Patricia Cross wants to kill complexity. As chairman of the remuneration committee of Aviva, the insurance business that older customers still know as Norwich Union, she is well placed to do so. She needs 15 pages of the annual report to explain how the company’s current remuneration policy works and why the total pay of chief executive Mark Wilson was £5,670,00 last year — twice the £2,600,000 he got in 2014.
This year ‘our progress in developing our digital capabilities and interfaces will be foundational [sic] for our future profit growth’, so 25 per cent of the executives’ ‘annual bonus scorecard will therefore be linked to our progress on the expansion of a digital interface with our customers’. As for the rest, ‘non-financial modifiers, risk, conduct and individual performance will also be considered’ along with financial performance.
You can hardly count all the weasel words in this glutinous alphabet soup — sorry, ‘remuneration ecosystem’ — which essentially means that executives should receive their bonuses even if the sky falls in. Smiley Ms Cross signs off her missive to shareholders with ‘I welcome any comments you may have.’ Well, perhaps not this one.
It is slightly unfair to pick on Aviva — the charismatic Kiwi Wilson is an improvement on his predecessor, and the shares have doubled in recent years, though only to half their price of a decade ago — since its almost meaningless remuneration report is typical of today’s FTSE100 company. As BP proved last month, the average chief executive is not about to share the shareholders’ pain. We were told that Bob Dudley’s £14 million package was justified because he had done jolly well on safety, and it was hardly his fault the oil price collapsed. It’s something of a stretch to imagine him refusing a bonus had the oil price doubled, even though he would have had no more influence over it.
Complaints over executive pay are nothing new. Legislators tried to foster restraint by imposing transparency, which only encouraged remuneration consultants to tell boards their CEO was underpaid. To ensure that he gets his money, consultants present remuneration committees with schemes that make mobile-phone tariffs seem simple. The average big-company boss may need his own remuneration consultant to explain precisely why his last pay packet was the size it was.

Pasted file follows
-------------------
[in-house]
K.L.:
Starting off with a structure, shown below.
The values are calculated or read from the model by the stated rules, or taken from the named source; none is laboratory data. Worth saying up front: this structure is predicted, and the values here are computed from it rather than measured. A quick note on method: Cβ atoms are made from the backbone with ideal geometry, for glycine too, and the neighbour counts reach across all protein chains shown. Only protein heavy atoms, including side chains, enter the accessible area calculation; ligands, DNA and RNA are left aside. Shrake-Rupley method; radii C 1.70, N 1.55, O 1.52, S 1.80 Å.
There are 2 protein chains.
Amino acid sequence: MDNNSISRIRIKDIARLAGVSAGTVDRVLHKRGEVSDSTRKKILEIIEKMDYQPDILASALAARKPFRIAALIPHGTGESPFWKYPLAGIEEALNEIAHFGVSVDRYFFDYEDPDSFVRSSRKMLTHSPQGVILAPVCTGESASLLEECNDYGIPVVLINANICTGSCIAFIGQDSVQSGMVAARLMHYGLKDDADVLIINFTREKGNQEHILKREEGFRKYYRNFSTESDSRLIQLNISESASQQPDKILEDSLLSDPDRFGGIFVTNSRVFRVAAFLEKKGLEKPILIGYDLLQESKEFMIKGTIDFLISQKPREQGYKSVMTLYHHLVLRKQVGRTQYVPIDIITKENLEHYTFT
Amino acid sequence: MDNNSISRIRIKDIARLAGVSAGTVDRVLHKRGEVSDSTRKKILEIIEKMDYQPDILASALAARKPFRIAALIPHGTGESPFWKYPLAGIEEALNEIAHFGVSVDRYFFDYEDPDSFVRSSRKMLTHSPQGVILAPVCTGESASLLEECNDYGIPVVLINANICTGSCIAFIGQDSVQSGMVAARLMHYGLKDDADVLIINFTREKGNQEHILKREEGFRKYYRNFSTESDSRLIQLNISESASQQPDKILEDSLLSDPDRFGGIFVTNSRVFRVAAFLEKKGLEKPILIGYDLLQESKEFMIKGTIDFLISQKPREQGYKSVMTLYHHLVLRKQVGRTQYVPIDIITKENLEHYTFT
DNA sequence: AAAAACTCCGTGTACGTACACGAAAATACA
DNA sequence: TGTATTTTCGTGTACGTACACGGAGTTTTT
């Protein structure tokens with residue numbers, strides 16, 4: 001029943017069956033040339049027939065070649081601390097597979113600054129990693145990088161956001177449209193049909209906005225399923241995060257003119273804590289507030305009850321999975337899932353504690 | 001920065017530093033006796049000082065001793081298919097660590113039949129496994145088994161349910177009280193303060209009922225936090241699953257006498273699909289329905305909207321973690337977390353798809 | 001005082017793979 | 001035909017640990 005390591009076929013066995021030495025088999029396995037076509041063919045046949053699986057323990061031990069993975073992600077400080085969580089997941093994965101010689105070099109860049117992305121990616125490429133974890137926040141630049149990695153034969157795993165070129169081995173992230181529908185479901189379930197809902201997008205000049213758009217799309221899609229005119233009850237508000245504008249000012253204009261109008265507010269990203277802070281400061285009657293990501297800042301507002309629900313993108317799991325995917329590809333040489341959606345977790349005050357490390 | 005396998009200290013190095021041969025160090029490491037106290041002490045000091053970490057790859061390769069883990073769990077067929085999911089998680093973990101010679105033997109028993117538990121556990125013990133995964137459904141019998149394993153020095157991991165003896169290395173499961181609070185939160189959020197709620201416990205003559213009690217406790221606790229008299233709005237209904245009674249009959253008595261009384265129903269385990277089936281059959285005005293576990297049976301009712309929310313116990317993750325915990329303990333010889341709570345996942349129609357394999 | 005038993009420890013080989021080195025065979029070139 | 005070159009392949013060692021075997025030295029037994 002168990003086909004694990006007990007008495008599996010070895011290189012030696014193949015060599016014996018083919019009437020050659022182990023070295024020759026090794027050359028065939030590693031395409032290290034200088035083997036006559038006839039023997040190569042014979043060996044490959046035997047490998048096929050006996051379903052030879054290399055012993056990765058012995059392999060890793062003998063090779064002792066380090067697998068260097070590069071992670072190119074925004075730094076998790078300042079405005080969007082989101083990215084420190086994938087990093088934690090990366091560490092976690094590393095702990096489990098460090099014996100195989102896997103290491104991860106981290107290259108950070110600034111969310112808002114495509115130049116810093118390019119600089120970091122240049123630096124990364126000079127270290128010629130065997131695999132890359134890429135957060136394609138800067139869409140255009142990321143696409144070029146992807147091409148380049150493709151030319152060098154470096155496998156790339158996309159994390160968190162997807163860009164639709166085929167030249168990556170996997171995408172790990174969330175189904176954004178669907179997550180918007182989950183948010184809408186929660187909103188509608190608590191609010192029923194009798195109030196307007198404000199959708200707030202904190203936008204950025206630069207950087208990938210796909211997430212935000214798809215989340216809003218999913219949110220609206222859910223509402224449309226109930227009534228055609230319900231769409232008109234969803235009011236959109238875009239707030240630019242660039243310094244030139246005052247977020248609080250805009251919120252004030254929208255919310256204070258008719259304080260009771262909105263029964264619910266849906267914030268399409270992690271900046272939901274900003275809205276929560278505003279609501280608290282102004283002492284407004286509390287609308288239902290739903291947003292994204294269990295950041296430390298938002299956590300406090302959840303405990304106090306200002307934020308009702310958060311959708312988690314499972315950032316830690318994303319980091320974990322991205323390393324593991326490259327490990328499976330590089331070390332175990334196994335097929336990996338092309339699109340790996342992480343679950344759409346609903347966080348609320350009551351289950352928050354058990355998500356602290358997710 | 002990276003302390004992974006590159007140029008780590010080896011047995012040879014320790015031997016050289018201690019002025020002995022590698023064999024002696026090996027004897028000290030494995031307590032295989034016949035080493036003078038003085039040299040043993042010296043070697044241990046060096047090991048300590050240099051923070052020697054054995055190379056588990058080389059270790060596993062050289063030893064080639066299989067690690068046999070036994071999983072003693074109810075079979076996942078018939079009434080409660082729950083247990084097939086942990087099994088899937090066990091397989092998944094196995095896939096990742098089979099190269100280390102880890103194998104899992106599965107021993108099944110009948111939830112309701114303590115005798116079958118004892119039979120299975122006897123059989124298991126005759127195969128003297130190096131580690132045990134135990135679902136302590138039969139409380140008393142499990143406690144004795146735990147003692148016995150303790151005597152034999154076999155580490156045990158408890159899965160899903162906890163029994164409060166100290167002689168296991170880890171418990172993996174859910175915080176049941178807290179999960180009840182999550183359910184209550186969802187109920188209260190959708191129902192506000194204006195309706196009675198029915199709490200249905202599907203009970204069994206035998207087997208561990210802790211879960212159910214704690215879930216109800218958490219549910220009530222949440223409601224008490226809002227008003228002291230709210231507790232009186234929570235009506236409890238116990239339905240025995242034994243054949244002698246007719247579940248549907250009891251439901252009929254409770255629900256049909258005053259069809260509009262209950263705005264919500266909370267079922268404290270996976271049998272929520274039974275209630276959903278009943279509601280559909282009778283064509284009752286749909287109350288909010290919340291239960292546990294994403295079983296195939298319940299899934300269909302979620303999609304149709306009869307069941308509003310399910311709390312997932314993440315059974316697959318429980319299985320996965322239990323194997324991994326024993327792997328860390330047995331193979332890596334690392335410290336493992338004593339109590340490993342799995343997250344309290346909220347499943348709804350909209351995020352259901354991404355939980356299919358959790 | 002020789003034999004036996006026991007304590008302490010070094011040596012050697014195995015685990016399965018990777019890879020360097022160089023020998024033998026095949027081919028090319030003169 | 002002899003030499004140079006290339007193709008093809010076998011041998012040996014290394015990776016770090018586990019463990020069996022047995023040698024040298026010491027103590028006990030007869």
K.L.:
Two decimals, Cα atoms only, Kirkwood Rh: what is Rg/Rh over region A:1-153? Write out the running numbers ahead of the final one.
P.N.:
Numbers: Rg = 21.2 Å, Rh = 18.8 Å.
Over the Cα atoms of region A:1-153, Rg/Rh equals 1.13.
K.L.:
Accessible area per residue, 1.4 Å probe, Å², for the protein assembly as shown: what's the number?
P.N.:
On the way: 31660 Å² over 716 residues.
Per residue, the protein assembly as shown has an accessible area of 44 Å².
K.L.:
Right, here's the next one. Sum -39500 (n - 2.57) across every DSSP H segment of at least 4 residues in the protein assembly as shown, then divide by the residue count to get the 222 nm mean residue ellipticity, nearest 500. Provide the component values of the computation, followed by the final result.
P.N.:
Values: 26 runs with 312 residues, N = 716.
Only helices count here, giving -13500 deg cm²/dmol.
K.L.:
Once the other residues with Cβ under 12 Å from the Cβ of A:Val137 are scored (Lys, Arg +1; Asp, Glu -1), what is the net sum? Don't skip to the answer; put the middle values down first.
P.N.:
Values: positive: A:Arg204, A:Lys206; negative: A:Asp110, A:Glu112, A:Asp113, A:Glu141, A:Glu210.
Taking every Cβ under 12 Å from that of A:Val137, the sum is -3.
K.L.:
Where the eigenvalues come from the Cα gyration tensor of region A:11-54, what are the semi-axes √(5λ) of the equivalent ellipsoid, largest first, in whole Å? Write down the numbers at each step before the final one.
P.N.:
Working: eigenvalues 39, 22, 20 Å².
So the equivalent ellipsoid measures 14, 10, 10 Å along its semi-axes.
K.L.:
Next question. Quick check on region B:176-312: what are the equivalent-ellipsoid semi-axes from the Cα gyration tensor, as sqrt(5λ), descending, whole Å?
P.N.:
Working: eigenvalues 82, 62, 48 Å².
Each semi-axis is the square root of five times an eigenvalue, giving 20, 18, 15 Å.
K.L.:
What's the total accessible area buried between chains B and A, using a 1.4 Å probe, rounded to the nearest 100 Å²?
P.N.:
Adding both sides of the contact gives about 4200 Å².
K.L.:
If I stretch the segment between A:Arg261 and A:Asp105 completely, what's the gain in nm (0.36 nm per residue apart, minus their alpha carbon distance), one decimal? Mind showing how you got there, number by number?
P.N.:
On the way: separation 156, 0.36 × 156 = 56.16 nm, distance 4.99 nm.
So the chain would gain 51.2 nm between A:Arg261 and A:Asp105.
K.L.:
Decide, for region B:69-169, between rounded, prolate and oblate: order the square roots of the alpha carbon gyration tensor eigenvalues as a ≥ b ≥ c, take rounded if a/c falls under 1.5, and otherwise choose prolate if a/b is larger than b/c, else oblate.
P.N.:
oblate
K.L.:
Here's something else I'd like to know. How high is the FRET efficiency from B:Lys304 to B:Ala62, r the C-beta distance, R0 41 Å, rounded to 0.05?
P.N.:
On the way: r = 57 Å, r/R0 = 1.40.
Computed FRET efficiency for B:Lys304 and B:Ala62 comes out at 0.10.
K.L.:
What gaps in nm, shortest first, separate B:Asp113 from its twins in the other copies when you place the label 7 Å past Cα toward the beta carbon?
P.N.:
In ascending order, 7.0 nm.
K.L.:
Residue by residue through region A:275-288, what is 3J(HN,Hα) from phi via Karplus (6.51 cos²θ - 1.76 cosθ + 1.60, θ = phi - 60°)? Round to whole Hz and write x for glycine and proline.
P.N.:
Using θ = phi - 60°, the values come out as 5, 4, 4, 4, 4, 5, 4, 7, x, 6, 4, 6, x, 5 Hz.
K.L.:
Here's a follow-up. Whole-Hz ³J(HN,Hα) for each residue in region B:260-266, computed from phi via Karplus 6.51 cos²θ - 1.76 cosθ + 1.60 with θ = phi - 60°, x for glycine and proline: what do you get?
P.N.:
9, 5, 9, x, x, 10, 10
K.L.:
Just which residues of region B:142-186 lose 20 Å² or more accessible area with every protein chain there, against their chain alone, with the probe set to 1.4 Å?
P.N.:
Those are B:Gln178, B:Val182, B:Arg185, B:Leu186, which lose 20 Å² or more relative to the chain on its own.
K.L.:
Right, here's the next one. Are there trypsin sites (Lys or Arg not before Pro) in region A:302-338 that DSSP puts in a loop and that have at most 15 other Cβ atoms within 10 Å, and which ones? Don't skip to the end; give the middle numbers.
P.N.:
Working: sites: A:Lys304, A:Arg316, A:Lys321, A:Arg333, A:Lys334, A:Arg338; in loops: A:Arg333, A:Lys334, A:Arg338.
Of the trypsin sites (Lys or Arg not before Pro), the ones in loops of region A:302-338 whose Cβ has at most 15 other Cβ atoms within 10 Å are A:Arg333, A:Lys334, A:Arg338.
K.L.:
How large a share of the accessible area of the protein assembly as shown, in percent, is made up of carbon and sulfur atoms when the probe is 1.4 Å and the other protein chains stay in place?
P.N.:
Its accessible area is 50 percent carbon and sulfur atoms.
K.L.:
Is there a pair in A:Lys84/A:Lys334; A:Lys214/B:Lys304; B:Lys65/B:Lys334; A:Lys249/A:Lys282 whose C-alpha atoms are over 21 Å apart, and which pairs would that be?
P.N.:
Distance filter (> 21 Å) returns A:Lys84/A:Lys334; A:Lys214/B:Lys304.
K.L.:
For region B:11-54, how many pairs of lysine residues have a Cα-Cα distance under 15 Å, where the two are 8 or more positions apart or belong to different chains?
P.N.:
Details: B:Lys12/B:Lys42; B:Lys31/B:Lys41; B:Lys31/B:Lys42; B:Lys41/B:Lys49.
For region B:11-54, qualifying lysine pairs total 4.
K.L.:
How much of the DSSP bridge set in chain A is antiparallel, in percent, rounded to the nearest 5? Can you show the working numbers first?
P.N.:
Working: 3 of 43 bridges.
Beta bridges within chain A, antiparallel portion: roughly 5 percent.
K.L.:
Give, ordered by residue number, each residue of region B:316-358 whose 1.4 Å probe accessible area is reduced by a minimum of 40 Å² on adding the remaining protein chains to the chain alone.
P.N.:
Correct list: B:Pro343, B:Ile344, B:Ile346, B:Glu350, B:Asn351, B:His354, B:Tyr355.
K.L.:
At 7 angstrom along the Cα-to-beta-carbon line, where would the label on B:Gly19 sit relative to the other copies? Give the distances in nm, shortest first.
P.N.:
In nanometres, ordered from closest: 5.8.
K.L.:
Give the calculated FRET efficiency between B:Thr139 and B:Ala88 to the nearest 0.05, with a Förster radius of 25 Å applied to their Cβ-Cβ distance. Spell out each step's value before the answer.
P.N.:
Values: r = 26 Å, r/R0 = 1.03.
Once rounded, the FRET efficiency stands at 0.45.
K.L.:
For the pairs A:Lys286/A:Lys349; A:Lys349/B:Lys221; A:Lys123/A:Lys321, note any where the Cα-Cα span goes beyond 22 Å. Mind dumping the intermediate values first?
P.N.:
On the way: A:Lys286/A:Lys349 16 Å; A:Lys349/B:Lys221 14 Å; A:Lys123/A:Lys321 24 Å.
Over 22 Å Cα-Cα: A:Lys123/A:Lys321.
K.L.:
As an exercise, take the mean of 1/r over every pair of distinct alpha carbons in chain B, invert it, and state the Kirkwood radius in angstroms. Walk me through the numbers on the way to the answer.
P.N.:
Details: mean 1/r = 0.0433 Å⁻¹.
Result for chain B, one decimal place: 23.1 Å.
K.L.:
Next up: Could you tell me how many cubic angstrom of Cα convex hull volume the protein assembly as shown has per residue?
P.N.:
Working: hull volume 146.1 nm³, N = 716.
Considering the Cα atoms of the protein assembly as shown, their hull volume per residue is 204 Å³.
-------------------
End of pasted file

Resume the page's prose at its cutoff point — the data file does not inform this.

The whole process has degenerated into meaningless ritual. The accounts reveal his pay, the small shareholders rant, rave and turn up at the AGM. They cast their personal votes but are overwhelmingly defeated by proxies sent in beforehand by institutional shareholders (including the likes of Aviva). These block votes are cast on behalf of the beneficial owners — pension- and policy-holders — but it’s hardly in the interests of the fund managers concerned to vote against excessive pay. The sums may be uncomfortably close to their own, which they are grateful they do not have to disclose.
However, there are stirrings of revulsion, if not open revolt, among even the nstitutional shareholders. Last year almost a quarter of votes were cast against HSBC’s remuneration report, a result that reflected the ire of fund managers as well as real shareholders. The board cut pay in response, and this year’s resolutions were passed overwhelmingly.
BP has a bigger challenge. This year’s majority against Dudley’s giant award was ‘advisory’. If there’s a similar vote next year it will be binding — but he’s unlikely to turn up at the meeting in sackcloth and ashes. He will have the advantage of what analysts might describe as an ‘easy comparative’: he could suffer a 30 per cent cut and still take home £10 million. He might not even have to speak, assuming that the invisible man of big oil, Carl-Henric Svanberg, is still BP’s chairman.
Paul Myners, who knows something of the dirty little secrets of fund management from his past in the trade, described the BP vote as ‘a defining moment for institutional shareholders’. They must, he wrote to the FT, ‘show beyond all reasonable doubt that they can be trusted with the fiduciary powers we place in their hands and bring an end to unseemly greed, taking necessary action on behalf of those whose savings they manage.’
As a minister in the last Labour administration, Lord Myners helped draw up the rules that are producing today’s votes. Far from curbing corporate greed, these rules have effectively allowed executives to hide in plain sight, behind reports that are at once comprehensive and incomprehensible.
It’s possible that pressure for restraint will, over time, curb the excesses. It’s also unlikely. As one adviser put it some time ago: ‘The average chief executive has a short life at the top. If the choice is between giving up a million-pound bonus and a bad day in the financial press, what would you do?’
Neil Collins is a columnist for the Financial Times.